California released a record numbers of prisoners without an appropriate place for them to go. Often, the formerly incarcerated are put in programs that offer no real help for the problems they face.
The parole board grants parole, but a prisoner must show that he or she has a place to stay upon release; 80% of those released are placed in state funded or philanthropically supported transitional housing, according to an article in Mother Jones.
People are placed in drug programs when they don’t have drug problems and wind up living in conditions that resemble those in prison, reported Marissa Endicott.
Terah Lawyer, after 15 years in prison needed to show the parole board she had a place to stay upon release. She had already secured a job working for the California Coalition of Women Prisoners.
Her reentry placement turned out to be a drug treatment facility with strict schedules and restrictions requiring her to attend treatment classes that she did not need. In fact, she had become a certified drug counselor while in prison.
She had to delay starting her new job for 90 days due to the program’s restrictions..
“The whole process of transitioning was hindered and stalled. It handicapped me in in certain areas because I didn’t have that immediate exposure I needed to see what life was like out there,” Lawyer told Endicott.
Thousands of parolees are released each year, with stable housing being critical to their future success. Problems occur when home owners are reluctant to rent to them or allow placement of transitional housing in their neighborhood.
Few appropriate reentry options exist for those who have served long sentences, increasing the chance of former prisoners soon becoming homeless.
California is ground zero for this problem due to its lack of affordable housing. In the midst of criminal justice reform, California’s prison population has dropped by 25%. New reform laws implemented are putting more people back on the streets.
Between 2017 and 2018 there was a 7% increase in the number of lifers released, 25% increase in 3-strikes releases, a 48% increase in releases for people who were serving life without the possibility of parole, and 50% increase in releases for those who were once sentenced to death, according to Mother Jones.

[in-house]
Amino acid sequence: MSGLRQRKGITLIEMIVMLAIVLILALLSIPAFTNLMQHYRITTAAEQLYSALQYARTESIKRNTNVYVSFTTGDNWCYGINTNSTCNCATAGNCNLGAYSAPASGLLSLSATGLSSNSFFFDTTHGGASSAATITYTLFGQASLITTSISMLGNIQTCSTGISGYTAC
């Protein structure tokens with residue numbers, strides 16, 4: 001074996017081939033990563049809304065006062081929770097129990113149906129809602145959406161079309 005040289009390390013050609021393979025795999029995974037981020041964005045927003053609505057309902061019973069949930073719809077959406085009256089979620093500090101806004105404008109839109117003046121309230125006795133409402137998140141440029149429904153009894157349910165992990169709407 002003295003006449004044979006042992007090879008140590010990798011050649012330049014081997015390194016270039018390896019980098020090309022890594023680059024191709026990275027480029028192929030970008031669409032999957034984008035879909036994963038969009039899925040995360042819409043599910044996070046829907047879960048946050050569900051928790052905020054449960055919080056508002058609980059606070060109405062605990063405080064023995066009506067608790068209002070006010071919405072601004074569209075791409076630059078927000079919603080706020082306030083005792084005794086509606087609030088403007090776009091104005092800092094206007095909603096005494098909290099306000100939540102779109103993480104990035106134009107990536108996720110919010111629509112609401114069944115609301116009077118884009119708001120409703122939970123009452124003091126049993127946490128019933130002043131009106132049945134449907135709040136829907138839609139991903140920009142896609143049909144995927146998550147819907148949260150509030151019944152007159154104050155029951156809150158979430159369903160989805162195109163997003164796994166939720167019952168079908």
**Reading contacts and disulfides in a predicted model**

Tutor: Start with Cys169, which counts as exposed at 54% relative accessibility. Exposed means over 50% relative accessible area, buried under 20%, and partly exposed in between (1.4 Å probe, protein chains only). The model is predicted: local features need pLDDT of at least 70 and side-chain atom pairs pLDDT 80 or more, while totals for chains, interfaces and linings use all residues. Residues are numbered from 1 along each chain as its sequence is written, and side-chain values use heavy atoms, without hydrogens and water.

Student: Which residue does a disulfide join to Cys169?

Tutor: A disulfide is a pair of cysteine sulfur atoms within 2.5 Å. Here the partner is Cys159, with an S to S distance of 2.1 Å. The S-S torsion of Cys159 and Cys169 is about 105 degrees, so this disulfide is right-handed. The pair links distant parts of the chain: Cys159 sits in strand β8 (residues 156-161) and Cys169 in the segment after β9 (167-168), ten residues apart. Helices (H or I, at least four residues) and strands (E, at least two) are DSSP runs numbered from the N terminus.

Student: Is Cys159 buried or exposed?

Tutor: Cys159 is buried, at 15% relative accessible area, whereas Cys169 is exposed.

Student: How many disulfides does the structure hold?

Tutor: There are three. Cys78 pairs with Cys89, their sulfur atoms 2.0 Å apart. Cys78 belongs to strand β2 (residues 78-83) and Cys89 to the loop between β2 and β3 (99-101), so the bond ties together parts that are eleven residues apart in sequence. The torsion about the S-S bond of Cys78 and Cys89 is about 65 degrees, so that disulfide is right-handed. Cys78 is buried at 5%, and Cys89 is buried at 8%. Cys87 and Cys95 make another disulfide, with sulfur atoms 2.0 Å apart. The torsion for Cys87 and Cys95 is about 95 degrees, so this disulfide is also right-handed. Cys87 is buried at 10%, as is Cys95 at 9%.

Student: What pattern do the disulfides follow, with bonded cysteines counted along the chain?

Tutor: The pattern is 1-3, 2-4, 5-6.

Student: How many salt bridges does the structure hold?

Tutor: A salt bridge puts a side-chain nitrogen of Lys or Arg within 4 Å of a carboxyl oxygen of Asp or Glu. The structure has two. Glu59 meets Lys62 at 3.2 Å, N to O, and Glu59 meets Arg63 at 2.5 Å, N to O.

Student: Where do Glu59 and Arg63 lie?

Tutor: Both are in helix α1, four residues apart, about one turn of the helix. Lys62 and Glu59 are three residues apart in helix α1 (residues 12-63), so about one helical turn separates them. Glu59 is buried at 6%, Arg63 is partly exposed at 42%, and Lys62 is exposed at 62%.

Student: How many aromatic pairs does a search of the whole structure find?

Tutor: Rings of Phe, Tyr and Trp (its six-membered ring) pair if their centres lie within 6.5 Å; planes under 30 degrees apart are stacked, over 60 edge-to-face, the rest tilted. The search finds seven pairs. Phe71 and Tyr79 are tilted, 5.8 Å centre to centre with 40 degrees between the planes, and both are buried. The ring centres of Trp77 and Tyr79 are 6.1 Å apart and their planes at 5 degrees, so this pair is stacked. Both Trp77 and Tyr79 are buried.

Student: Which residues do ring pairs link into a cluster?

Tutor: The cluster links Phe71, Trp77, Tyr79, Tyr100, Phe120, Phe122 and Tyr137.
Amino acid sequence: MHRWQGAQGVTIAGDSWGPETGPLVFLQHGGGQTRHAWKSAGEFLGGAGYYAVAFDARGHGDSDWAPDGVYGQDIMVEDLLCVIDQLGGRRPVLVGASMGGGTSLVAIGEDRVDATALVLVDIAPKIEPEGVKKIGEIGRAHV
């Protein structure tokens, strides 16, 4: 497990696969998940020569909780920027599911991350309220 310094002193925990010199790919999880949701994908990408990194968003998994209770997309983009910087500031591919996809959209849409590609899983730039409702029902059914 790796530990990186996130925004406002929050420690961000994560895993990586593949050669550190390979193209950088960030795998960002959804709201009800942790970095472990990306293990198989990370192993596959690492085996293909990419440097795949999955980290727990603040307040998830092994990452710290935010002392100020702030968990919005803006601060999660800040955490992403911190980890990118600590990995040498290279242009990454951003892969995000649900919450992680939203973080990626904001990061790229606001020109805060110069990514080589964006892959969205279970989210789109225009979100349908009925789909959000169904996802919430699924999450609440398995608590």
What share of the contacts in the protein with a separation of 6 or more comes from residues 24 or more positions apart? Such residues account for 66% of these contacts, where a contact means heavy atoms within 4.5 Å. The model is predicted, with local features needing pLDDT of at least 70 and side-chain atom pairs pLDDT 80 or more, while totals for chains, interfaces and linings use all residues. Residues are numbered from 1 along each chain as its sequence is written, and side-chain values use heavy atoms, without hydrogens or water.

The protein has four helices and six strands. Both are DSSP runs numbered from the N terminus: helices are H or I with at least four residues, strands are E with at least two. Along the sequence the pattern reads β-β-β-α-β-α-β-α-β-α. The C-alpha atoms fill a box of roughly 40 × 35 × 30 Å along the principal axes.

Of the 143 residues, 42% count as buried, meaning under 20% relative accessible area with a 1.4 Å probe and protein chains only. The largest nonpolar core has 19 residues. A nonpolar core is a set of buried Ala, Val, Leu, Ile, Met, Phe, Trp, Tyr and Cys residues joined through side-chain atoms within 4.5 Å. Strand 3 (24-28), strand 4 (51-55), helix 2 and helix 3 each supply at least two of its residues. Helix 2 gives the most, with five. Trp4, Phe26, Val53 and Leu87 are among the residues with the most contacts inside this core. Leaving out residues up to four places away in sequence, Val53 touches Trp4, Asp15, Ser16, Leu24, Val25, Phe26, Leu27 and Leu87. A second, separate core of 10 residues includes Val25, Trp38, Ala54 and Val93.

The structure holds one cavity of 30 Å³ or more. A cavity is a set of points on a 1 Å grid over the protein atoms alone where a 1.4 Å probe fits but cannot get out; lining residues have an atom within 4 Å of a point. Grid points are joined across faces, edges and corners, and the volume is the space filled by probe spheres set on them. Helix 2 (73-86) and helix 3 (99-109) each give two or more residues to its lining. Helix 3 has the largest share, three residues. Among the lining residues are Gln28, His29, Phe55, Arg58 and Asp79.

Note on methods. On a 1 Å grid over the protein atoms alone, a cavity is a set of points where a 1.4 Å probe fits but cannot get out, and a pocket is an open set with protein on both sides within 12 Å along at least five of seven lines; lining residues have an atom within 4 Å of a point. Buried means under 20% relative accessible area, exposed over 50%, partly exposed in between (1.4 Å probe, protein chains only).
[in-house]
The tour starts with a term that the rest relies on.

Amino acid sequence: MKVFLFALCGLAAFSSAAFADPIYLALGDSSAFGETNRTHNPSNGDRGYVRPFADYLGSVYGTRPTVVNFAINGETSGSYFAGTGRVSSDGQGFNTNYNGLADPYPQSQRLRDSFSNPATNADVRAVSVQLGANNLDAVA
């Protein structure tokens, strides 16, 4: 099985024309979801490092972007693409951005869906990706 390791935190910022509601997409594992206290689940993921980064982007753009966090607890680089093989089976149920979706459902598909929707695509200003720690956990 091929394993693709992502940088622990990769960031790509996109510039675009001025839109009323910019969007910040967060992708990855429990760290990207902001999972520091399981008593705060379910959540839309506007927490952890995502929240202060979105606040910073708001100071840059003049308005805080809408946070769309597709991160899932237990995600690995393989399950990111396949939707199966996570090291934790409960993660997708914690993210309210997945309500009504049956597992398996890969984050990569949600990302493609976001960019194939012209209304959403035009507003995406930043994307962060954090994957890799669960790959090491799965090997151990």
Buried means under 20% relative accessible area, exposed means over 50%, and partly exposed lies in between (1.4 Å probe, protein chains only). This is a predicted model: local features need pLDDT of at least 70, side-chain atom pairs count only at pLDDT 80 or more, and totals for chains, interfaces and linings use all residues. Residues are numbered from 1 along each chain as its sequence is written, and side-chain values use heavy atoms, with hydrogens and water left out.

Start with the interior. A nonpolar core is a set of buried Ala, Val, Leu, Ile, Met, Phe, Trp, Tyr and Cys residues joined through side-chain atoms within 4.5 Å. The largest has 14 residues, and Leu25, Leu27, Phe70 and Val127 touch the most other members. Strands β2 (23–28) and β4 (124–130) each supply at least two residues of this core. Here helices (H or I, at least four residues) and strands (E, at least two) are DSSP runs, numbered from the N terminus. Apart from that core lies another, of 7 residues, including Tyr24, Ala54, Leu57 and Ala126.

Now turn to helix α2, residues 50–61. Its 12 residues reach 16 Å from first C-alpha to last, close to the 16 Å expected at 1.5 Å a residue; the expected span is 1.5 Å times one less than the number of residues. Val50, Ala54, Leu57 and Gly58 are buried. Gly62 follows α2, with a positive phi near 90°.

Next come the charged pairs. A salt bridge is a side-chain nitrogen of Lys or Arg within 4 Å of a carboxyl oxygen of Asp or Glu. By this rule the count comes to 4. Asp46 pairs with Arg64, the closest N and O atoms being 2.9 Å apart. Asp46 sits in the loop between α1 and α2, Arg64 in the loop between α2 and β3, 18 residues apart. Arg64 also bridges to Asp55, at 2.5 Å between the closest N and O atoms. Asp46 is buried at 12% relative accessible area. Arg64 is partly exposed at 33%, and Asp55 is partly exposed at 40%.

It is a crisis within a crisis: the special housing needs of people released from prison while an affordable housing crisis spreads across the state. Crystal Wheeler, served 22 years, struggling with trauma issues from the years spent in prison and the mental and physical abuse by her husband.
With no family, her parole conditions mandated she stay in a re-entry housing program, a six-month program in Claremont Calif., which specialized in drug and alcohol treatment.
Despite her never having a drug or alcohol problem, Wheeler was forced to attend daily AA meetings at 6 a.m. “That time could have been better used for teaching us things that our husbands never let us do,” she said.
The department of corrections acknowledges shortcomings in re-entry housing and has a policy to reduce the number of people without drug problems ending up in drug treatment centers.
In 2016 the state allocated $10 million for re-entry services for people who had served long sentences, starting a six-month transitional housing program the following year.
By 2018, CDCR’s long term transitional housing had produced 257 facility beds. But, the demand continues to grow. According to Mother Jones, 902 people were paroled in 2014 and an estimated 20,500 long term incarcerated people will be up for a parole hearing in the next 10 years.